A solution that couples technology with transparency in olive oil commercialization is among the big winners at the latest Tuttofood event, one of Italy’s most prominent food expositions.
The award comes on the heels of Italian producers’ increasingly widespread adoption of olive oil traceability systems.
Producer Pietro Coricelli was awarded at Tuttofood for its tracking system, which combines QR codes printed on olive oil labels and blockchain technology.See Also:Researchers Use AI to Identify EVOO Provenance
By scanning the QR code with their smartphones, consumers can access information about the bottle’s contents, including the results of the physiochemical analysis, the company that did the analysis, the results of the panel test and eventually, other panel test outcomes.
The legitimacy of the information is confirmed using the blockchain technology of an external supplier, which allows consumers to track the whole production process, from olive harvest to olive oil sales.
On the blockchain, data about every process step are encrypted and time-stamped and, therefore, cannot be modified.
At the same food event, Oleificio Zucchi, a large producer, showcased the deployment of its QR code tracking system on many of its extra virgin olive oils.
By scanning the code on a bottle’s label, consumers are directed to information about the bottle’s sustainable packaging and contents, such as the country and region of origin of the olives used to produce olive oil, the olive varieties and their characteristics.
QR code and tracking technologies are increasingly popular among Italian producers and have been adopted by the Olio Toscano Protected Geographical Indication (PGI) consortium.
“All olive oils certified by the Toscano PGI consortium come with a paper collar containing a unique code for each bottle,” Alberto Morettini, commercial and marketing director of Frantoio di San Giminano in Tuscany, told Olive Oil Times.
“This solution allows the consumer to trace, through a web platform, the history of the whole product,” he added. “In particular, the traceability of the product, which starts from the olive grove and ends with bottling, also passing through the information about olive milling, of course.”
Frantoio di San Giminiano produced about 50,000 kilograms of Toscano PGI extra virgin olive oil last year. “It is a truly good production volume, given the product’s very high quality,” Morettini said.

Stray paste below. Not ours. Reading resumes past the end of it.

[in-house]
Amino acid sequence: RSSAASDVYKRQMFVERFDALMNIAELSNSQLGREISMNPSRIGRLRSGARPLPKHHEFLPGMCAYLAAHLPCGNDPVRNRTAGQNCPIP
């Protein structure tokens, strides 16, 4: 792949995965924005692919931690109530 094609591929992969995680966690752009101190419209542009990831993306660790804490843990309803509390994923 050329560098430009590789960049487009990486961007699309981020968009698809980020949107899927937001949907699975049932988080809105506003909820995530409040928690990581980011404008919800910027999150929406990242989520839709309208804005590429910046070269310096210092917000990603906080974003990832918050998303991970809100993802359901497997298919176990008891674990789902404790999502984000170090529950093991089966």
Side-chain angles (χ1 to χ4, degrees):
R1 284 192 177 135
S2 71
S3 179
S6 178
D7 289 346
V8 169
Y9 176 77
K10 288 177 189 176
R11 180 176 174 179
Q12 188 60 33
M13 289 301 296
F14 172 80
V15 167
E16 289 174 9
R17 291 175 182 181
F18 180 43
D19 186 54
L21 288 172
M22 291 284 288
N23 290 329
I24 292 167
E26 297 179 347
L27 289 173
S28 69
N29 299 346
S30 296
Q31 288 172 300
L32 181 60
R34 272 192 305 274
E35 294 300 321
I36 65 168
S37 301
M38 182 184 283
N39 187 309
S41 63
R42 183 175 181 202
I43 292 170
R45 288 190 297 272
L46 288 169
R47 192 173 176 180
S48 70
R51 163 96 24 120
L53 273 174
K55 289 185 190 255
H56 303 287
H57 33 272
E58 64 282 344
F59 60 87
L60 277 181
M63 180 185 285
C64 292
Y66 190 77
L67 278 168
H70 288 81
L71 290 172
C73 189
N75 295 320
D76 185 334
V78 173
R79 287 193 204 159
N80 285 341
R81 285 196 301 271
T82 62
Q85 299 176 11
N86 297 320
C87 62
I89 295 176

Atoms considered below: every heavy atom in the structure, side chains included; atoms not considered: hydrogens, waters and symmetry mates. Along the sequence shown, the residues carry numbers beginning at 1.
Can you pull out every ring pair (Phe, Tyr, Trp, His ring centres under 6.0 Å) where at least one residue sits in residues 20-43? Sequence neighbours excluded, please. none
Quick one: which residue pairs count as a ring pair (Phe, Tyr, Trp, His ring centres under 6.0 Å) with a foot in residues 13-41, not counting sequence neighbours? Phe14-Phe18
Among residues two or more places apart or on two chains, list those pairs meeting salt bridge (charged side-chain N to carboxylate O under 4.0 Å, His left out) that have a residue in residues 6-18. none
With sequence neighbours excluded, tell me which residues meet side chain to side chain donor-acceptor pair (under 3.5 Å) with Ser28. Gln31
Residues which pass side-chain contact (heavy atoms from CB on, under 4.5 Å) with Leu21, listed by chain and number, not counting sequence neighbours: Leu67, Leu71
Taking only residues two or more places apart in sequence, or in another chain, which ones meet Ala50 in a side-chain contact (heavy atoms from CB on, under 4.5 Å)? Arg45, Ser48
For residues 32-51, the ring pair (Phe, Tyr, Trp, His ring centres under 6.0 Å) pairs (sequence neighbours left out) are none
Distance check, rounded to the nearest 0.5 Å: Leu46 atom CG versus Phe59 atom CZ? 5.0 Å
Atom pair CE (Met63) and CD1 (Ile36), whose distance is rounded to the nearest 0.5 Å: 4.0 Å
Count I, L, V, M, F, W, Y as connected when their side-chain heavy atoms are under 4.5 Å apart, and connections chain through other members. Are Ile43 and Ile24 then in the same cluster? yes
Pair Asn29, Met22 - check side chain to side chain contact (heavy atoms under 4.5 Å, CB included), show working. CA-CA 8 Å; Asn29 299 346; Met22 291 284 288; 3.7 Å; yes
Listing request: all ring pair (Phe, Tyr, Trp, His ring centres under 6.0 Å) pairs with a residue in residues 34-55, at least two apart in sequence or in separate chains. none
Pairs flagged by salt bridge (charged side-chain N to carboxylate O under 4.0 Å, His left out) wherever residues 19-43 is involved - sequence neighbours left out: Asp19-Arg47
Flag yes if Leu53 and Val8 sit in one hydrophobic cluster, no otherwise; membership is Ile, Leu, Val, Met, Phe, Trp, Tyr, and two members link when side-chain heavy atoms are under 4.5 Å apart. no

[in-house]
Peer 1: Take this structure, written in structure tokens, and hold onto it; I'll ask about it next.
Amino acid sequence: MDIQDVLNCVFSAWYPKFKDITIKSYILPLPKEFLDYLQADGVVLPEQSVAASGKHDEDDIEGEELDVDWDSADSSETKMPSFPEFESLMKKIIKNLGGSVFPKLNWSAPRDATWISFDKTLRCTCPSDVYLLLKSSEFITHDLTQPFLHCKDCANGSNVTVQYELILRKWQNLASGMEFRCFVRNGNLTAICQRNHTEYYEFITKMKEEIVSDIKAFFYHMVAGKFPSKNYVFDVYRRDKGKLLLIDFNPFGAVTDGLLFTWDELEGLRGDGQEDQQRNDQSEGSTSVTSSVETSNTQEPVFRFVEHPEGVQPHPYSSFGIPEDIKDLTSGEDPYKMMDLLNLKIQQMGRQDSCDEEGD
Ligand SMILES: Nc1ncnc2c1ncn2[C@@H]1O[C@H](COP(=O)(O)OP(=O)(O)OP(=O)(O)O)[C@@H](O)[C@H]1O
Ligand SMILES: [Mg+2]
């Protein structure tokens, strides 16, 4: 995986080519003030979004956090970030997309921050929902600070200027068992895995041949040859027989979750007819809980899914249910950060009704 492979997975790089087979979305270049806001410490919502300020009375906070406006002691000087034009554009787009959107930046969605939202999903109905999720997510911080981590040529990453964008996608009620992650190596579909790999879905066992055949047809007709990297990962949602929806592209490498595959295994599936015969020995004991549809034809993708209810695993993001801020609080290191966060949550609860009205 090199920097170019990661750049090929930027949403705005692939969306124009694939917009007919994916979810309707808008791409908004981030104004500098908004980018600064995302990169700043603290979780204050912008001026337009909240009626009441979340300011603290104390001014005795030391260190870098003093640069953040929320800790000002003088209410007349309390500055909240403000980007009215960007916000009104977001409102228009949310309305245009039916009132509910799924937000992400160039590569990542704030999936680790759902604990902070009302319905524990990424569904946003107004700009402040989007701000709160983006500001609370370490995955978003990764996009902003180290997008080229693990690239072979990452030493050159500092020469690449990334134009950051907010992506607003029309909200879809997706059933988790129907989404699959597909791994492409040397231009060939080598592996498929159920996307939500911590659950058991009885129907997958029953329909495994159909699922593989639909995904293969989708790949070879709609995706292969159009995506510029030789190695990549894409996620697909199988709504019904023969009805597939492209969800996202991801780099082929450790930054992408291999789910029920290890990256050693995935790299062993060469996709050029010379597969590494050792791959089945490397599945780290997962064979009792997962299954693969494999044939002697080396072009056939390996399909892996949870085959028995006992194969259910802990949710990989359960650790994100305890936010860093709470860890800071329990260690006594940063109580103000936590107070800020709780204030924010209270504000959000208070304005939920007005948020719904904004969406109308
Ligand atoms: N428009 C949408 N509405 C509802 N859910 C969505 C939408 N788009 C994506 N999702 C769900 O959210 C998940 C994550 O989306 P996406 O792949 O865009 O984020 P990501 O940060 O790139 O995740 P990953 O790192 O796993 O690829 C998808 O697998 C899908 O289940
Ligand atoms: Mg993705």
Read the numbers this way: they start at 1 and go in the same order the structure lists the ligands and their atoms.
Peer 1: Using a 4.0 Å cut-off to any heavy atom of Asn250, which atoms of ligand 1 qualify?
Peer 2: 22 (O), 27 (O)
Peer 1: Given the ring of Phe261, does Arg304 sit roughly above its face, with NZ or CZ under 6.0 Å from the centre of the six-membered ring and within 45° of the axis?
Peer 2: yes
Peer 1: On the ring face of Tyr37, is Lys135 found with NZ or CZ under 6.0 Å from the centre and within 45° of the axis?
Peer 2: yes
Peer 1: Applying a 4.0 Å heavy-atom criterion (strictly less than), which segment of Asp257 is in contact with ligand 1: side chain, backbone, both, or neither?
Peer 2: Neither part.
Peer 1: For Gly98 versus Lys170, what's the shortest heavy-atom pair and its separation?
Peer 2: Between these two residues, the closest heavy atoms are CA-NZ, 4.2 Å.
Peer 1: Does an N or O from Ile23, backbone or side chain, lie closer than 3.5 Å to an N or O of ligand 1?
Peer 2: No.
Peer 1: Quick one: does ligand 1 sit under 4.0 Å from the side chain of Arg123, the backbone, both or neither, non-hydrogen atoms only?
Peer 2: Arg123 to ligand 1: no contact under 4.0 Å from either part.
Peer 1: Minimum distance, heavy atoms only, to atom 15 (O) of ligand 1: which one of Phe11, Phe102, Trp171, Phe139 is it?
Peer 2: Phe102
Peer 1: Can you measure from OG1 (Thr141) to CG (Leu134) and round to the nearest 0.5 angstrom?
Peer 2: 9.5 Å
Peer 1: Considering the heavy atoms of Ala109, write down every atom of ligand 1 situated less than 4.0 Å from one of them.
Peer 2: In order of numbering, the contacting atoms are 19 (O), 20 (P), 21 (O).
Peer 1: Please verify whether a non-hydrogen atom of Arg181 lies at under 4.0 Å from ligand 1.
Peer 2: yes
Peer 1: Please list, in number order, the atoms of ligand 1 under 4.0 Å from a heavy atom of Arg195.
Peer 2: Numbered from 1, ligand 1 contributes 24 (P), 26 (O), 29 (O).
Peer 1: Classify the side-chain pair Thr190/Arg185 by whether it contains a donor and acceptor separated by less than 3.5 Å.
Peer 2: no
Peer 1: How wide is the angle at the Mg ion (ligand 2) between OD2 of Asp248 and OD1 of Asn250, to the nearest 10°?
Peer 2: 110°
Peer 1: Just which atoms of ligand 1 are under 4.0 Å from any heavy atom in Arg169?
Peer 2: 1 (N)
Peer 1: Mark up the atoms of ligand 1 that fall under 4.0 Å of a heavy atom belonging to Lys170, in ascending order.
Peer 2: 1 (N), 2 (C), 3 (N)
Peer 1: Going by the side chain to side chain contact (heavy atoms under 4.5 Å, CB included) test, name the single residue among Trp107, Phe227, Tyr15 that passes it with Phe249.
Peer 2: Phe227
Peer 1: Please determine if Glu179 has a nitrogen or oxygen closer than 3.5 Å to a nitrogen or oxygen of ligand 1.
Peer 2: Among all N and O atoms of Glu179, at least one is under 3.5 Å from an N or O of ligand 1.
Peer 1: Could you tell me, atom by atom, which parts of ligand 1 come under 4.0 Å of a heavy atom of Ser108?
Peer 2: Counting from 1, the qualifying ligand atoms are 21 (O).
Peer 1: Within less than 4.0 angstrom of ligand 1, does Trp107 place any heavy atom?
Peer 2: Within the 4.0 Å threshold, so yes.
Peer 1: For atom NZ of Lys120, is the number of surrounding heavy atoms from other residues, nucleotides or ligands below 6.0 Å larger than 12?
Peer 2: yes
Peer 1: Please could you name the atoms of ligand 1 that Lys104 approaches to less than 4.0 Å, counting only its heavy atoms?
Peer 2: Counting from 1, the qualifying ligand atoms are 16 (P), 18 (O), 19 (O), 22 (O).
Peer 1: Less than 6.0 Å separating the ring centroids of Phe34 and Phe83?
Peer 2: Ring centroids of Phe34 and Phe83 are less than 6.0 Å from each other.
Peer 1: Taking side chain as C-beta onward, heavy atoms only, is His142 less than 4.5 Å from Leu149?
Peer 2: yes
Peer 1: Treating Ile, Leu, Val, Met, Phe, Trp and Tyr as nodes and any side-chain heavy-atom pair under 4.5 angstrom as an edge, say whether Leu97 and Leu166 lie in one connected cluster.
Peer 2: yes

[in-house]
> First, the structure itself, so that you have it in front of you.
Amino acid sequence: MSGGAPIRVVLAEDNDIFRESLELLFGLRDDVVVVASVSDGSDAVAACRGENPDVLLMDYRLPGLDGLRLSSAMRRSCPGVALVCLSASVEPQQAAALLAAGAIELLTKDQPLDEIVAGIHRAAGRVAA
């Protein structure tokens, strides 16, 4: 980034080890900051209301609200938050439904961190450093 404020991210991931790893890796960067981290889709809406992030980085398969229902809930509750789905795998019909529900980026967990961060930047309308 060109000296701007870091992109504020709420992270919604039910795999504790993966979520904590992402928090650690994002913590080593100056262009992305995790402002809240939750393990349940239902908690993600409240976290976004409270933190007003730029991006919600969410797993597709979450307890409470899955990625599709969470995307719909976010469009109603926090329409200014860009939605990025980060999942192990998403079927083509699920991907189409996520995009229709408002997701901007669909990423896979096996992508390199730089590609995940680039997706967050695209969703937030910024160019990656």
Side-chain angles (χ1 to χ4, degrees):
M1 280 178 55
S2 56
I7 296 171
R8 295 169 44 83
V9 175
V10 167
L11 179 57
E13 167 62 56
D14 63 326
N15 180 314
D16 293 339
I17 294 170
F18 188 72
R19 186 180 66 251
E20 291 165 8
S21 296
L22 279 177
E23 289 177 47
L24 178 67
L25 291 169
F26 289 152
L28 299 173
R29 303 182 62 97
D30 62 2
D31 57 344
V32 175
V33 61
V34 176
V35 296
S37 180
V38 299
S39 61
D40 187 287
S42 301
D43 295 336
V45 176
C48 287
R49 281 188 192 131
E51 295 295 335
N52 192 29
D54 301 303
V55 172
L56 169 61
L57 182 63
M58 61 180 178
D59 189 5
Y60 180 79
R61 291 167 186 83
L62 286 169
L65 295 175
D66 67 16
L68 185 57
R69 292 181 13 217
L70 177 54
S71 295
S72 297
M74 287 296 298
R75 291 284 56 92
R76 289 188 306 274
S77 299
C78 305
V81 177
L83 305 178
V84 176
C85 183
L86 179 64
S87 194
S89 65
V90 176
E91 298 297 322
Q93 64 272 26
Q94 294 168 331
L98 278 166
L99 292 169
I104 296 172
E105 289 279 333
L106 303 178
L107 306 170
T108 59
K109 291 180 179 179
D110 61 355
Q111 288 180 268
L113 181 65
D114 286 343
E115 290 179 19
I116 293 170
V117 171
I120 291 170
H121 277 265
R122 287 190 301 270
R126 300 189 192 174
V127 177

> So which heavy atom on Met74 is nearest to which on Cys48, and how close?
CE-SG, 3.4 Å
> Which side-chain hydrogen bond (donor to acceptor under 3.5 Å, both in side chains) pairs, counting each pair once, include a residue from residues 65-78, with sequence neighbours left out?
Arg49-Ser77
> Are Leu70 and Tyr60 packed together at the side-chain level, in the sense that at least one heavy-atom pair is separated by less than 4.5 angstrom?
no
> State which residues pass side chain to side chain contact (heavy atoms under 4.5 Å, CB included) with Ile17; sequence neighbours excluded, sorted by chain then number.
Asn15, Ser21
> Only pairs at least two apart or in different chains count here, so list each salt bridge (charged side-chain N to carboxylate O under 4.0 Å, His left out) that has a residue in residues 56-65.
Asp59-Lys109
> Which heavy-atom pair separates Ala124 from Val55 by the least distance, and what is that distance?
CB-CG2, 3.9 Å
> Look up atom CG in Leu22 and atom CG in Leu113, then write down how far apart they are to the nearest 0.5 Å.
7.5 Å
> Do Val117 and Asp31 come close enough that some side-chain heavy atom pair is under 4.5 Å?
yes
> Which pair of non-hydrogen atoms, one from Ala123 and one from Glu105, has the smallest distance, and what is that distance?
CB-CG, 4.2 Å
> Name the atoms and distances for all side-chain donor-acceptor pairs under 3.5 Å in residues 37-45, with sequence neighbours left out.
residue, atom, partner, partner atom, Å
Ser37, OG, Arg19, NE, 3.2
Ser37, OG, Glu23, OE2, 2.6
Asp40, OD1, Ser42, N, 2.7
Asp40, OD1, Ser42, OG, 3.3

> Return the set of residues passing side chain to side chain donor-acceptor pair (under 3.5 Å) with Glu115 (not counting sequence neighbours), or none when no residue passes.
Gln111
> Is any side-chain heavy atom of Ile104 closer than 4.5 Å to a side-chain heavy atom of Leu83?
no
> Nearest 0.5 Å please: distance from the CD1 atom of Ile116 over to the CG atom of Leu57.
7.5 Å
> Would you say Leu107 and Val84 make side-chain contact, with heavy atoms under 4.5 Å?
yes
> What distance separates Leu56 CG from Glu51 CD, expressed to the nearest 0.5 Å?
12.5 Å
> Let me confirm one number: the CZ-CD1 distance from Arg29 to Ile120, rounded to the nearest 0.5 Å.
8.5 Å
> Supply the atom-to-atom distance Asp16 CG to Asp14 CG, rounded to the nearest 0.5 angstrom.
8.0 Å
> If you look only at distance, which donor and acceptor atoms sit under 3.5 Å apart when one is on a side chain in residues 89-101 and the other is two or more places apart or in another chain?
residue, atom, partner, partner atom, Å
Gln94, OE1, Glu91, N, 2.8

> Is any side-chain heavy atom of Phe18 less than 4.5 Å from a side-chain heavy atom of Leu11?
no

Besides the unique organoleptic qualities of the extra virgin olive oil, exported to every continent, Morettini believes that tracking technology also plays a role in winning consumers’ attention.
“Its refined packaging and the traceability of the product chain guaranteed by the consortium, without a doubt, make [Toscano PGI] one of the finest olive oils in the world,” he added.
According to the Toscano PGI consortium, the tracking code applied on every single bottle lets the consumer know which olive growers were involved in the production, who milled the olives and bottled the oil.
“Our label guarantees to the consumer that every bottle of Toscano PGI extra virgin olive is 100 percent authentic,” the consortium said.
A unique code on the label identifying each bottle is also required for all certified extra virgin olive oil produced in the southern Tuscan region of Mount Amiata.
According to the regional authorities, these initiatives are crucial to raising consumers’ awareness about many Tuscan agri-food products of excellence.
The need to raise consumer awareness about olive oil quality and increase trust in high-quality production is also the focus of a QR code-based traceability project under development in Puglia, Italy’s largest olive oil-producing region.
The Certo (“Trustworthy,” in Italian) project, funded by the regional government, focuses on the characterization and certification of the local olive oil production areas. The goal is to improve the transparency of local olive oil Protected Designation of Origin certifications.
It involves the deployment of authenticity analyses conducted by nuclear magnetic resonance and near-infrared spectroscopy, which allow users to map the metabolomic profiles of the local olives.
The information on the origin and quality of the olives and olive oil will then be transferred to the consumers using a QR code on the label.
While the impact of the new platform on consumer behavior remains unclear, Italian authorities emphasized how back-office platforms counter fraud and certify quantities and qualities.
“All producers that intend to bottle and label their olive oil for sale… must keep in mind that such activities, and even the sole labeling of the product, triggers the National Olive Oil Digital Registry,” Roberta Capecci and Roberto Ciancio, officials at the Italian central inspectorate of quality protection and fraud prevention of agri-food products (ICQRF), told Olive Oil Times.
Capecci and Ciancio added that the registry “is a tool adopted on a national level to allow a timely control of olive oil flows handled by the individual operators of the olive oil production chain.”
The registry requires operators to make compulsory entries for each production batch, quantities stored and movement and processing of olives, olive pomace and olive oil. All of this is with no regard if the product’s final destination is the domestic or the international market.
“It allows the timely remote monitoring of any movement from every mill and warehouse located in Italy, and it allows controlling authorities to easily access the names and the addresses of the subjects, national or foreign, involved in the handling,” Capecci and Ciancio concluded.